"As the company evolves and matures over time, more and more issues will [become] relevant," he said. "By no means do you need to solve all of these issues [at the onset], they’re just things you should start thinking about."
Building a business plan
Mike Michell and David Wilton point out a few key aspects of a solid business plan:
The opening statement in a business plan is a good place not only to indicate what your business is, but also how it is different than others in your chosen field.
This not only means the employees or management team, but also any outside help you plan to seek out, such as a mentor or an adviser.
"Even if the plan is just for the owner, just articulating who they’re going to be working with is a very good idea because if an emergency crops up, you don’t have to stop and think about who’s in charge of what," Michell said.
A crucial part of a good business plan is a critical look at potential competitors you may or, more importantly, may not want to be up against.
"It is imperative to take a look at whether you understand the industry you’re looking to go into," Michell said.
Examining the business environment also means looking at trends in the market, potential locations for your business, advertising, marketing and potential suppliers.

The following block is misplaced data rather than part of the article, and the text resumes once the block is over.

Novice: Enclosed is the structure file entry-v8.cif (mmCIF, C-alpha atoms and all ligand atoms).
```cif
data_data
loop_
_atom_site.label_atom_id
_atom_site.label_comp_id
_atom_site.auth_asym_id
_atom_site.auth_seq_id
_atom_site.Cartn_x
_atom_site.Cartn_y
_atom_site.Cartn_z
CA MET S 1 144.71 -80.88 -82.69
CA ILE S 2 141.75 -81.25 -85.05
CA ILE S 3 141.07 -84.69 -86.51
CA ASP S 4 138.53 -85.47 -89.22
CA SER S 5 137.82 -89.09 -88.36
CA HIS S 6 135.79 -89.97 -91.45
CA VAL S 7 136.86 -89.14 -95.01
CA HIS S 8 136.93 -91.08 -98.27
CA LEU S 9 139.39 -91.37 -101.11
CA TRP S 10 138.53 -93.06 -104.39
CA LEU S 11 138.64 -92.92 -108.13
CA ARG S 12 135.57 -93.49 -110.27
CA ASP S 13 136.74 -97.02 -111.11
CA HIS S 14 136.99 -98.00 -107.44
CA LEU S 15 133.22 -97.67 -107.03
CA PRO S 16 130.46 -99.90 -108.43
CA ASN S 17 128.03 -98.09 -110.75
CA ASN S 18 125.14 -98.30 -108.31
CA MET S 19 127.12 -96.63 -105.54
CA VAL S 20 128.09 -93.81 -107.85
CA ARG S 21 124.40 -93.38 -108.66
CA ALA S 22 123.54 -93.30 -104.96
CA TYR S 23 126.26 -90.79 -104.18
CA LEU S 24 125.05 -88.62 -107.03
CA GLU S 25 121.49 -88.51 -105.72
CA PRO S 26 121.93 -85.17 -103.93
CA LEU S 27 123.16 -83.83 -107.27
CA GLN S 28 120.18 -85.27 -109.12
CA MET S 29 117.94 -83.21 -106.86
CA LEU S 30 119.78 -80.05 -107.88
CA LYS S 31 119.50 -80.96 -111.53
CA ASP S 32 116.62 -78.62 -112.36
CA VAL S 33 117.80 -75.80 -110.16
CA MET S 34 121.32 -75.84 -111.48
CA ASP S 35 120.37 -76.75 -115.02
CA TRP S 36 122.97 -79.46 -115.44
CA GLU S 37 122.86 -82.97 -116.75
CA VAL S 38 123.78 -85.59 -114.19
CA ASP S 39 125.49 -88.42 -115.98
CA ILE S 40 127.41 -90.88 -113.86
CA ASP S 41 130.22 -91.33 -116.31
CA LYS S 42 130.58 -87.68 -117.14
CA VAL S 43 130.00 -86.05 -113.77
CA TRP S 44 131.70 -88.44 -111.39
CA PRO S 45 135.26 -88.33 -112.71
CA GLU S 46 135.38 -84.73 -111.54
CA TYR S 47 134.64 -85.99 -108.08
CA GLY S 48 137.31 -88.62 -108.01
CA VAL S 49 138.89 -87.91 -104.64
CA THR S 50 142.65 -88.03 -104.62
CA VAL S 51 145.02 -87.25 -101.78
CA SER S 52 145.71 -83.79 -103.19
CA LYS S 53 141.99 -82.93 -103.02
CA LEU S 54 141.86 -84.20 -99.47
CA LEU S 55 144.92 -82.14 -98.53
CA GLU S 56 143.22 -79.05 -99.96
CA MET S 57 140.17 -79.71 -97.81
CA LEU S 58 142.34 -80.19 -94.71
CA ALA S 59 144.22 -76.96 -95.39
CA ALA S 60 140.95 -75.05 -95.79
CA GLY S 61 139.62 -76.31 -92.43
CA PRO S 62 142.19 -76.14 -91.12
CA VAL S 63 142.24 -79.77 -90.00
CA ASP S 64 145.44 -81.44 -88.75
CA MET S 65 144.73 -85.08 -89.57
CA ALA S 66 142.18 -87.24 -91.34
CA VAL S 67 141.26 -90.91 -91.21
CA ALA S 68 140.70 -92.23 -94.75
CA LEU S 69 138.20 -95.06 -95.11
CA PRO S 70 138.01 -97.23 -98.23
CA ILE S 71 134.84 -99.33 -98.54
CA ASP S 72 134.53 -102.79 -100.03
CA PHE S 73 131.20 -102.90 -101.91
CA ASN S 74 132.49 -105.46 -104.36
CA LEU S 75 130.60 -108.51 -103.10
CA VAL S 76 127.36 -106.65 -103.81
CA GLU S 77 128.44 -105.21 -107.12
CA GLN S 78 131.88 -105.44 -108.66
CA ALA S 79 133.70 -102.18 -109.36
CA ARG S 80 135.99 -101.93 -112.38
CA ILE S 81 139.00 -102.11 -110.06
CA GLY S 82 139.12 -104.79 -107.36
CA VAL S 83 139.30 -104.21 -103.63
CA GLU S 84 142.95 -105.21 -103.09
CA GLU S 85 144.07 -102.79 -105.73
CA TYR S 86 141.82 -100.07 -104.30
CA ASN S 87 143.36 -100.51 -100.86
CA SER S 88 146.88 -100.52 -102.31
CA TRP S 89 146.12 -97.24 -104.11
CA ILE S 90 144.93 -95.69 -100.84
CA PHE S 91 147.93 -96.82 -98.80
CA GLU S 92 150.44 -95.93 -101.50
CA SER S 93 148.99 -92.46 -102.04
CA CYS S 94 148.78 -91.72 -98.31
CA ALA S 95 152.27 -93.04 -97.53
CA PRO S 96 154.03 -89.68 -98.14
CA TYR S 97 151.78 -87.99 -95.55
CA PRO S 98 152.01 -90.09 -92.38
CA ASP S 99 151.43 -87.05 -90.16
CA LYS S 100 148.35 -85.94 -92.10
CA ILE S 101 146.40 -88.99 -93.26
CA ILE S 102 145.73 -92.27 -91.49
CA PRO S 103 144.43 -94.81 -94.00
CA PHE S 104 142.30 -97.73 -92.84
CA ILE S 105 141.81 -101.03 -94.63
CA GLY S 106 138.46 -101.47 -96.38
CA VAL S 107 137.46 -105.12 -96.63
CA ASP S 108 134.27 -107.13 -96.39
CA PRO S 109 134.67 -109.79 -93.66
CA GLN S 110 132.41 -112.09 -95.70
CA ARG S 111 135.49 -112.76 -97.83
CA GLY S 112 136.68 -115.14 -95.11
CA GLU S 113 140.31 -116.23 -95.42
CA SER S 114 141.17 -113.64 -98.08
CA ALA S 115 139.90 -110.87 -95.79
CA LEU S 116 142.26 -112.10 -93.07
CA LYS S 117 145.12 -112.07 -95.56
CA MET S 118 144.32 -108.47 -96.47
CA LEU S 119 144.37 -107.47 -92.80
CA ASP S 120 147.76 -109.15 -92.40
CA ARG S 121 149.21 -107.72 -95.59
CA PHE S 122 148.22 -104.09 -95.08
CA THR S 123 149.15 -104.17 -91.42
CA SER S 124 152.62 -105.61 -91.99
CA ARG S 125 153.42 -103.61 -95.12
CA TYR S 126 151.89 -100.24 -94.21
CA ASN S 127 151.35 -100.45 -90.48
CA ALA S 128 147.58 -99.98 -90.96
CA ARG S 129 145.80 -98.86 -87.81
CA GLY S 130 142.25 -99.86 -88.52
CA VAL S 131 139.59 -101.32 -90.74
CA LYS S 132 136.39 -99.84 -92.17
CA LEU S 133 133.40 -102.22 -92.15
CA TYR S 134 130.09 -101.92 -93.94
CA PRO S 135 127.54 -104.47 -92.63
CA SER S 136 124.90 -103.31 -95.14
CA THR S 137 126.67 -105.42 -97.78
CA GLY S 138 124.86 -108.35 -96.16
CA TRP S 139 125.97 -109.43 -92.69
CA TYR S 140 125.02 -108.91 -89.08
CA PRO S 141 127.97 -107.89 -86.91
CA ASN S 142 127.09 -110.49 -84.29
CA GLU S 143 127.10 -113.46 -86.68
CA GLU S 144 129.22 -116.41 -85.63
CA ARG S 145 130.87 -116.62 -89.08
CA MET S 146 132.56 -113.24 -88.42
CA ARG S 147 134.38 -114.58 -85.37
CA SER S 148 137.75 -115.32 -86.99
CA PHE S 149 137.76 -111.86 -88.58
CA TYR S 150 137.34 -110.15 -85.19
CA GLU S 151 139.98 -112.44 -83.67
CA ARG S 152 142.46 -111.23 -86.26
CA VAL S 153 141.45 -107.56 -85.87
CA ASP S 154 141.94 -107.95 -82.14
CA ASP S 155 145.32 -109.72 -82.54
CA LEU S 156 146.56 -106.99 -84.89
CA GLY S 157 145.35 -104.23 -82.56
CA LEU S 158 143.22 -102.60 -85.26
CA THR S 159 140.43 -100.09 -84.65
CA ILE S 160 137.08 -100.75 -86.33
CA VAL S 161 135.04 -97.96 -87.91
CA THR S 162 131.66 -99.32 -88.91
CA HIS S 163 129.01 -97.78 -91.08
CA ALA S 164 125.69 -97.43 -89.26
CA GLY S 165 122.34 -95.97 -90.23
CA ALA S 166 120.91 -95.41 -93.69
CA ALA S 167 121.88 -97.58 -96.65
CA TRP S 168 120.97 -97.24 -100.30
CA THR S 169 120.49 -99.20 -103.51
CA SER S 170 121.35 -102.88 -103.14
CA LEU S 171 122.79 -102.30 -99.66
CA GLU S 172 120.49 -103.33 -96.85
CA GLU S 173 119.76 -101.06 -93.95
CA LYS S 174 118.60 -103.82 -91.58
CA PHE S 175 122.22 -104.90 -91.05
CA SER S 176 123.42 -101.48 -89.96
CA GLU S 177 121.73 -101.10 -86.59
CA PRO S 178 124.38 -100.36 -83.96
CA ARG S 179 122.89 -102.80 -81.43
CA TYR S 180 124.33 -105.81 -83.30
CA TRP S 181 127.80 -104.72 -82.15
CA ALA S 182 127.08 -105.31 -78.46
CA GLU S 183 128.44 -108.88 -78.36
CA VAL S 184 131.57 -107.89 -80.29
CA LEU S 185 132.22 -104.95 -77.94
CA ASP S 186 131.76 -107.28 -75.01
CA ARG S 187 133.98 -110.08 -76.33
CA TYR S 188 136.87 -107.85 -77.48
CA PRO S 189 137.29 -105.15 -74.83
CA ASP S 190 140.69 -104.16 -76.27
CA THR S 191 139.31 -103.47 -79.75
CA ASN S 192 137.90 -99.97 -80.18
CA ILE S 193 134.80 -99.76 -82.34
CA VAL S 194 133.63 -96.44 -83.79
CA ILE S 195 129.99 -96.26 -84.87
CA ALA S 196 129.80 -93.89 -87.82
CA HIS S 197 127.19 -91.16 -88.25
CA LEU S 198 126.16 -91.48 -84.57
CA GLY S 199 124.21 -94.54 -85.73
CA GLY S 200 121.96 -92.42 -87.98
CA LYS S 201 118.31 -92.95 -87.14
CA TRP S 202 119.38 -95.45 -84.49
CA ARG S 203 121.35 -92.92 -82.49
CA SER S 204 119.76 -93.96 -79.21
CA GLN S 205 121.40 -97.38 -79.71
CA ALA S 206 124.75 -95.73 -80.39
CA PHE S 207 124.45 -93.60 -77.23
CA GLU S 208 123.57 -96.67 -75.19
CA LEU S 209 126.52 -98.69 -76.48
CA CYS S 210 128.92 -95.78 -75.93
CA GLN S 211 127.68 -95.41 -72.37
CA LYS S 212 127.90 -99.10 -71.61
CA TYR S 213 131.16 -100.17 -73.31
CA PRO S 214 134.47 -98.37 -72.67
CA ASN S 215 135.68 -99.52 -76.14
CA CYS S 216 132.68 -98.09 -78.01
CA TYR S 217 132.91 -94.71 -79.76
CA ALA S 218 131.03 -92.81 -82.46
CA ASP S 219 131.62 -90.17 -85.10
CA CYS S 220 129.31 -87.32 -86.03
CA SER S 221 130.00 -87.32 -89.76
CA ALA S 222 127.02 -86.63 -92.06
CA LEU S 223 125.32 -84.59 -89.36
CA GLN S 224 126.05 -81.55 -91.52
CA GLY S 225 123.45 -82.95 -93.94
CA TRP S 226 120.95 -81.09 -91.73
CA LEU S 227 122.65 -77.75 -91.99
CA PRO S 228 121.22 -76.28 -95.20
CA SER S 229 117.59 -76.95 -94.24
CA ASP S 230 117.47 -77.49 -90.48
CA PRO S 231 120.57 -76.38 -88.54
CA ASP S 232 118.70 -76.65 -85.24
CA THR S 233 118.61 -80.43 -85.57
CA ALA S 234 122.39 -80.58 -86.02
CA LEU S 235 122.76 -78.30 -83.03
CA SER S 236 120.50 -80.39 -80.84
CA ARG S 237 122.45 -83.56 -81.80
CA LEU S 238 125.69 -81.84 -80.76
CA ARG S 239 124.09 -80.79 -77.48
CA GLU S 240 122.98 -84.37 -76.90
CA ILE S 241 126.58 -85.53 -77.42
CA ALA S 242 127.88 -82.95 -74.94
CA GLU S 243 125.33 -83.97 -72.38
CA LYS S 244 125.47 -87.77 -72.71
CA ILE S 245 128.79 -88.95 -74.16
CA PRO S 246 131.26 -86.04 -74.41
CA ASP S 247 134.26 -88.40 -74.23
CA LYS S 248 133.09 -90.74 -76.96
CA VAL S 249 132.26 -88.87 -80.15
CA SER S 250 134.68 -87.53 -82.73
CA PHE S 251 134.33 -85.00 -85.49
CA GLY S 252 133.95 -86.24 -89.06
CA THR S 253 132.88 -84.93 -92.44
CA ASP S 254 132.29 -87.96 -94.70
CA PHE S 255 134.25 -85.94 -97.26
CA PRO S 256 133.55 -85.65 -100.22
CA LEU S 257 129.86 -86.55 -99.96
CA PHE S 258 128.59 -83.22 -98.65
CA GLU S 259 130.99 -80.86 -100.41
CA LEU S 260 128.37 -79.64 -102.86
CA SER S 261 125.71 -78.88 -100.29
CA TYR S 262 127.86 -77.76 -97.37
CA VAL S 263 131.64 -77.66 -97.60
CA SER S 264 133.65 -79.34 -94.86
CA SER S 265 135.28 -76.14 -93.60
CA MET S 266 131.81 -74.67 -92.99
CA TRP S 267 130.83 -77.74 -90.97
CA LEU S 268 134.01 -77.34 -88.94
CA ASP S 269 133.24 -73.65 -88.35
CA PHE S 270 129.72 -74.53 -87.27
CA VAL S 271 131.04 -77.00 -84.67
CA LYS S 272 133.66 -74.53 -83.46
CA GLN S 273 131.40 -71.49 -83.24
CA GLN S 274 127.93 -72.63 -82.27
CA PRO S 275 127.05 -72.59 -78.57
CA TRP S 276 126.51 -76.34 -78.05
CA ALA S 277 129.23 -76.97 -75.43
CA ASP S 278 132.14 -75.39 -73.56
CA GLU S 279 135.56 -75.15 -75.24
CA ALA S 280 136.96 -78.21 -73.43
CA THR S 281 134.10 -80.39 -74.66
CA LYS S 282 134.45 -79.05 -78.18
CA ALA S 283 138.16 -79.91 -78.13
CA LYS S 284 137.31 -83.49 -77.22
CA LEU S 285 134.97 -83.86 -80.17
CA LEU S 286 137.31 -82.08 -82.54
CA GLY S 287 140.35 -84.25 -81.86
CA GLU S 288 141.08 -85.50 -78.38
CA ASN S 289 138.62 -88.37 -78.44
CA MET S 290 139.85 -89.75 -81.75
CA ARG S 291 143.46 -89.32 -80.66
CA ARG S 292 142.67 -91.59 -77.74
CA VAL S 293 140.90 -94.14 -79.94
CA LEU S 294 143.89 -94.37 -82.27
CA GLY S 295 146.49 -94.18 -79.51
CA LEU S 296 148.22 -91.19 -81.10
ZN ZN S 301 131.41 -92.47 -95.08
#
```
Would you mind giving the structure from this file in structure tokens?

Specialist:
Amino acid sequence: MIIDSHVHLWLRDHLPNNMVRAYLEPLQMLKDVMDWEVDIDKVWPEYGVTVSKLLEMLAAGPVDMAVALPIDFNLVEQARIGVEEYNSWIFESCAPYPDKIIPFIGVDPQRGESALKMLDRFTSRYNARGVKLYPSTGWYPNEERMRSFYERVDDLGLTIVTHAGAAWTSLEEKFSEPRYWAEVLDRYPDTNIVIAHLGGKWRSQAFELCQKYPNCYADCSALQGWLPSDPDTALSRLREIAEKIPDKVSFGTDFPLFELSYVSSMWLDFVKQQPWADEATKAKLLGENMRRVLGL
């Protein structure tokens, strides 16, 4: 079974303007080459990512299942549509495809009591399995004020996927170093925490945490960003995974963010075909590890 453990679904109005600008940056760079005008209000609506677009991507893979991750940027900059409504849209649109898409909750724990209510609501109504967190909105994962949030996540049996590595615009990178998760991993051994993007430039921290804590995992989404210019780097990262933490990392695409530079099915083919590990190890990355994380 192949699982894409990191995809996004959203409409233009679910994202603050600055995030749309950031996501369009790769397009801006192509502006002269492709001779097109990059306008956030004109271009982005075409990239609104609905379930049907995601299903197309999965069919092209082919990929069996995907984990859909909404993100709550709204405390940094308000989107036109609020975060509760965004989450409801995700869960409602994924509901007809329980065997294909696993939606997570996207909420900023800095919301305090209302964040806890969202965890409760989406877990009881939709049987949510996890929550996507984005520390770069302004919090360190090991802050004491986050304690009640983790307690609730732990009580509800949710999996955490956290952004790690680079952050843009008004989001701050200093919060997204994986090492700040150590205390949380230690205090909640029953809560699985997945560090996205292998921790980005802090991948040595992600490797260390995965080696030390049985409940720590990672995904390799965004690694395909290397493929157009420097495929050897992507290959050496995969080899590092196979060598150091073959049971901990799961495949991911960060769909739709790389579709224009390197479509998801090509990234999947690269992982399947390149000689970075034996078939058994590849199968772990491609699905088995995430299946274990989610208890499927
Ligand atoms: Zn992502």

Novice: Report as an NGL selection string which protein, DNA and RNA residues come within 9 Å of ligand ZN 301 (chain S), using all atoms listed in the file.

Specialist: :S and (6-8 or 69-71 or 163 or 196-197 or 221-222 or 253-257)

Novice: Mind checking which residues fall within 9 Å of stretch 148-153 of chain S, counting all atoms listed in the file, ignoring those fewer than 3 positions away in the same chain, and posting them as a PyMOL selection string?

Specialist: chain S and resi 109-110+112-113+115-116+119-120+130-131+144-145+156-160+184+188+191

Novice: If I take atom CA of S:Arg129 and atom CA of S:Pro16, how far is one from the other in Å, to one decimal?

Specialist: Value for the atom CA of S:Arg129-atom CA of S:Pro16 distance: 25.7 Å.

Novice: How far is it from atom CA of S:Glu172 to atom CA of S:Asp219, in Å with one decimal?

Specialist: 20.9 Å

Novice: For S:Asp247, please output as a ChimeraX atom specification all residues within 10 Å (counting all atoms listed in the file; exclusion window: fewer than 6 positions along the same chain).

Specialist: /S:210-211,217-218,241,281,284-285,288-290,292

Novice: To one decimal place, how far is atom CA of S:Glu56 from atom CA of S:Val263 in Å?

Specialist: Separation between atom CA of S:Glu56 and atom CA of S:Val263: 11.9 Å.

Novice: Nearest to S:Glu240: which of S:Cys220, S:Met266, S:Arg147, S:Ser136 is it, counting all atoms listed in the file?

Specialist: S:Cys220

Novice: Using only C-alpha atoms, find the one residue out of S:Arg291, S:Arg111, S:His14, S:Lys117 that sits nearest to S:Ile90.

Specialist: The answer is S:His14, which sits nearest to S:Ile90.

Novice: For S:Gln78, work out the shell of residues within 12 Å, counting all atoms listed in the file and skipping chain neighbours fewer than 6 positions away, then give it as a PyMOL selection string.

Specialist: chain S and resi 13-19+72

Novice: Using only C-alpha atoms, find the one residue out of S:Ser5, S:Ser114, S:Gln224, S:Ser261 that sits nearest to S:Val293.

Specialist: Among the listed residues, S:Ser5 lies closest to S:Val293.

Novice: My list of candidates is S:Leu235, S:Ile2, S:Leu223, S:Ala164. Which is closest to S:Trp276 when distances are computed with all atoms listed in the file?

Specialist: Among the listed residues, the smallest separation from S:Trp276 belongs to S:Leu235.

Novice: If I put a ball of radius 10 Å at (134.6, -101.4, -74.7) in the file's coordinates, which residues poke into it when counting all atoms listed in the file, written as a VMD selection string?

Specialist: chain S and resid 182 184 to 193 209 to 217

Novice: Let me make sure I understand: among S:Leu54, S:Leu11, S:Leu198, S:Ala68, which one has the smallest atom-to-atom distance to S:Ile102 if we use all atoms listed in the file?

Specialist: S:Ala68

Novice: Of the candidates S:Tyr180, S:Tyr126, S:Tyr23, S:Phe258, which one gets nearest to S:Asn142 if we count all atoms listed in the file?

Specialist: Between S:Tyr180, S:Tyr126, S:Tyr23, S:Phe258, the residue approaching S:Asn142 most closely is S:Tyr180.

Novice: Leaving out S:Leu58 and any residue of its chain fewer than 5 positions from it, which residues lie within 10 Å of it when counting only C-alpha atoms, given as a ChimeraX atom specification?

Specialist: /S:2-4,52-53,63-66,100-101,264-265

Examining financial projections should be the final stage of your business plan. Wilton says many entrepreneurs address these issues too early.
"That’s a significant caution I would make," he said. "Very often, small business owners will focus first on the financial without having done a careful review of all those other factors."
When the proper research is done with regard to financial projection, it presents a more accurate picture to potential investors. Wilton says a good business plan will include a cash flow projection, which will indicate the amount of start-up capital needed for your business.
"[You need to be familiar with] your inventory, equipment, receivables — all of those things will be in the cash flow estimates," he said. "When you take the business owner’s initial investment, the gap between the business owner’s investment and what the cash flow shows as the total cash needed will be the amount [needed from potential investors]."